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Economics & Economic Decision Making. The Stock Market Warm Up: Open your notebook and answer: what is an investment?. ASSETS : items of value. LIQUID ASSETS (can be CHANGED for CASH quickly) Bank Accounts Bonds Stocks. NON-LIQUID ASSETS (must find a WILLING BUYER ) Antiques

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Economics economic decision making

Economics & Economic Decision Making

The Stock Market

Warm Up: Open your notebook and answer: what is an investment?

Assets items of value
ASSETS: items of value


(can be CHANGED for CASH quickly)

Bank Accounts




(must find a WILLING BUYER)




One company s story
One Company’s Story

McDonalds started as a partnership, turned into a sole proprietorship and then eventually became the Multinational Corporation it is today:


Going public
Going Public

  • The Third way for a company to grow and expand is by going public and selling of stocks (shares of the company). The money from this initial sale goes directly back to the company so it can be reinvested in the company.

  • The private company must apply & file with the SEC.

What are the other ways to grow a company?

Why would an entrepreneur sell off shares of its company?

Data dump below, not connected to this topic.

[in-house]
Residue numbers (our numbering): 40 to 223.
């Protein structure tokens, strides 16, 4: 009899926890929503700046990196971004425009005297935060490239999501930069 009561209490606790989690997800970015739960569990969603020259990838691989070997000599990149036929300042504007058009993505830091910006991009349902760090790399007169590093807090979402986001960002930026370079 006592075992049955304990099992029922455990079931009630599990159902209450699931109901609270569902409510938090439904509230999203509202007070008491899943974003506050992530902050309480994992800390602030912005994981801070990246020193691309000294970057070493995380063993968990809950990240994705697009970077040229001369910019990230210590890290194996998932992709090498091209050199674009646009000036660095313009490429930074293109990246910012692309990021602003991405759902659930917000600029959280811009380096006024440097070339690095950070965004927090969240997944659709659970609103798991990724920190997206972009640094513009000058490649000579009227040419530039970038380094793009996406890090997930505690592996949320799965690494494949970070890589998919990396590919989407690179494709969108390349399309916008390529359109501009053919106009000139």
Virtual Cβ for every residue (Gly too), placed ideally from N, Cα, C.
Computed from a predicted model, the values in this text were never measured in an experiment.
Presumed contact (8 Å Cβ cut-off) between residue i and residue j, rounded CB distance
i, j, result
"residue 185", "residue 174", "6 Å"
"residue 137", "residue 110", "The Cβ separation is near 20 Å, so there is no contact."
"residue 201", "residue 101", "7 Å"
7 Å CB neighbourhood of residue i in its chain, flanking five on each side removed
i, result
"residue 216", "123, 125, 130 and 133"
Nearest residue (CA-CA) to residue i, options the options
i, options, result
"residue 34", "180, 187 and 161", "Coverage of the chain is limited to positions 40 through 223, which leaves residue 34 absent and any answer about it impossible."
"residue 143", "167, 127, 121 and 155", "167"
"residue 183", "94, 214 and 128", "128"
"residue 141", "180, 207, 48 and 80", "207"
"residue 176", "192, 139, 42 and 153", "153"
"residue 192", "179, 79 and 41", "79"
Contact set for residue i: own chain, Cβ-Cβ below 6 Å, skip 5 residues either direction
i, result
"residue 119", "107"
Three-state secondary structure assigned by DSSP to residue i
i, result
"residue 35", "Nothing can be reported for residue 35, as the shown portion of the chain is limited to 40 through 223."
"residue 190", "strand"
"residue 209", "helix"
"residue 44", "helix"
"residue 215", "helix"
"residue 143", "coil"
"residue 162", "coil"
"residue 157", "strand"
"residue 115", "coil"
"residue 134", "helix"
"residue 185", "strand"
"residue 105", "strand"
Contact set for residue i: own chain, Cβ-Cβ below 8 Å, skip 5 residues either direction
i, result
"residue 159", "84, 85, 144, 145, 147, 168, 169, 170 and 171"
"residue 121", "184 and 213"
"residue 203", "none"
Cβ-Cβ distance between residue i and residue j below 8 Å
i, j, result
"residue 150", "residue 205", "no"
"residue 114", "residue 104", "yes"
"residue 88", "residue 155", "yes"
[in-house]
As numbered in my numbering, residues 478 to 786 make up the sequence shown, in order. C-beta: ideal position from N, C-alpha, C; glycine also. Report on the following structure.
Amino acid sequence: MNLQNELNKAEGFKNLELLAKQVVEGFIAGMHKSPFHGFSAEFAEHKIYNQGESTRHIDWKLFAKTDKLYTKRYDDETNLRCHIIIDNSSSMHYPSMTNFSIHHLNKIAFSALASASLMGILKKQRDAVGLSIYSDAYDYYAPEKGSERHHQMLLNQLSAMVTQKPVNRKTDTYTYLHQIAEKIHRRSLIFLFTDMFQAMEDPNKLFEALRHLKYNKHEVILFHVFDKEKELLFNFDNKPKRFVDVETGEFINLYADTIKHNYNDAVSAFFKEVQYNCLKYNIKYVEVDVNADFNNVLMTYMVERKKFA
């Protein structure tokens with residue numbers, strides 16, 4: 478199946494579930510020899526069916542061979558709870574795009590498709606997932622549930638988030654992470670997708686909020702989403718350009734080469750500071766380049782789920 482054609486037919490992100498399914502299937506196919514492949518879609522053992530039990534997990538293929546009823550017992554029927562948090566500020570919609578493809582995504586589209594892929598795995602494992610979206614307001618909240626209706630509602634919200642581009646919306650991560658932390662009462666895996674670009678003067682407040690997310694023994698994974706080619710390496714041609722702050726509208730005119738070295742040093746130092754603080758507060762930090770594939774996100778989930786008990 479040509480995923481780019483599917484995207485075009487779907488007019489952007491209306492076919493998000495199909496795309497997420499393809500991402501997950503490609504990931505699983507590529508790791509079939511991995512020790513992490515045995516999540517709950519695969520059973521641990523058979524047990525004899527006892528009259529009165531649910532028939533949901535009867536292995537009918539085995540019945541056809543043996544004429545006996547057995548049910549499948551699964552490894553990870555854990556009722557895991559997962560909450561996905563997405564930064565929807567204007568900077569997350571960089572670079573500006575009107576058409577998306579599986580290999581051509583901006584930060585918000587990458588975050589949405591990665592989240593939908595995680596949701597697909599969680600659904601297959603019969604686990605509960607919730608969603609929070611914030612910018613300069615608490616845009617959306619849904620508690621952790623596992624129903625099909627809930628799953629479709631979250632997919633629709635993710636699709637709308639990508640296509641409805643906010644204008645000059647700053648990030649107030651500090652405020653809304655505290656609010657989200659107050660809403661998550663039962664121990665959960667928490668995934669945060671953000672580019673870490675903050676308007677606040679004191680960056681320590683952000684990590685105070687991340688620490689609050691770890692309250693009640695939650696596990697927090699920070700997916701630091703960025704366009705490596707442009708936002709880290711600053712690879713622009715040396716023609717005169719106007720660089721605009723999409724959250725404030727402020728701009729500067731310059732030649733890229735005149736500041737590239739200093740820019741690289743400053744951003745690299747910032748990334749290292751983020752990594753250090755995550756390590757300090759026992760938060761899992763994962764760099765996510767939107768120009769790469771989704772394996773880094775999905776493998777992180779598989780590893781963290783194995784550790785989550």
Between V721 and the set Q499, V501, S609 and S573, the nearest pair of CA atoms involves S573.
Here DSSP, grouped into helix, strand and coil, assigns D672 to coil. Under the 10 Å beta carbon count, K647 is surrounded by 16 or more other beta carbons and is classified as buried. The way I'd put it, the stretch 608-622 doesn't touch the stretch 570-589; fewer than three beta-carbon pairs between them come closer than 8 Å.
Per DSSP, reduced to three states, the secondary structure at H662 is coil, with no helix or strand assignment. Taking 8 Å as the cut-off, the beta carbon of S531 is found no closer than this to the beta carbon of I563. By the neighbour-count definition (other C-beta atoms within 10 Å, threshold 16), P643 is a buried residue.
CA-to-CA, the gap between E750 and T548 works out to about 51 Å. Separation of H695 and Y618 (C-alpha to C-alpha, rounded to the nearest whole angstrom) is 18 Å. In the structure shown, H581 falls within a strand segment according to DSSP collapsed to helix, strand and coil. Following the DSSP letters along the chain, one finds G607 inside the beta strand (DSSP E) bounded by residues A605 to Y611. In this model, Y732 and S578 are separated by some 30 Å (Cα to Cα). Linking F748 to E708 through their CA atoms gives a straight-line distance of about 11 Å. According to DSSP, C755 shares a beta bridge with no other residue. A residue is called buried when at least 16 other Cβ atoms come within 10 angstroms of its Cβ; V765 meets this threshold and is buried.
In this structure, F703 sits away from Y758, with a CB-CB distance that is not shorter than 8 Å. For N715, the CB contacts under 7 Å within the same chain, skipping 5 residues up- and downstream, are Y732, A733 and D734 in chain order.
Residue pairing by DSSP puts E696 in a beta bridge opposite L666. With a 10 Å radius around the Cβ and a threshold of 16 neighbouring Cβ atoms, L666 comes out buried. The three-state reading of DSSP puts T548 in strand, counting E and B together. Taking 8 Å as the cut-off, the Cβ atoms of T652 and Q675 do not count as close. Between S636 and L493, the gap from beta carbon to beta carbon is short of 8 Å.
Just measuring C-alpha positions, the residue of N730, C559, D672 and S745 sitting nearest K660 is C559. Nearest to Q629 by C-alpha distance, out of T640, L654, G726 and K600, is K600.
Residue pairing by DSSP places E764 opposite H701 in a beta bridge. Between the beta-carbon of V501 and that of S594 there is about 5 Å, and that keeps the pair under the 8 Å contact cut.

First steps
First Steps

  • Sending a Prospectus:

    • a legal document that businesses use to describe the stocks they are offering buyers

    • commonly provides investors with information about the company's business: financial statements, biographies of officers and directors, detailed information about their compensation, any litigation that is taking place, a list of material properties and any other material information.

IYOW: what is a prospectus?


  • The Securities & Exchanges Commission is a government agency that regulates public companies and the people who invest in them.

  • The SEC will review the prospectus and then decide how many shares the company is worth along with how much the initial price will be.

Write out the name of the SEC. What president do you think created this business regulating agency? Why?

Second step
Second Step:

  • Offering an IPO to investors:

    • An Initial Public Offering is the first sale of stock from a private company going to a public company.

    • The initial purchase money goes directly back to the business for expansion.

What will the entrepreneur do with this money?

Now that it is a public company what can’t the entrepreneur do?

What happens to the prices after
What happens to the prices after?

  • Once a share is initial purchased, the market then decides how much that share is worth. People trade with each other and set their own prices.

  • For example, Google IPO’d at $100 per share in August 2004; the creators Larry Page & Sergey Brin sold off only 9% initially. It is now selling at

Who sets the new prices for stocks? How do they come up with it?


  • Why would Page and Brin only sell off 9%?

  • Why are they listed in the top 20 richest men in America?

  • What could Google do if it needs more money for expansion?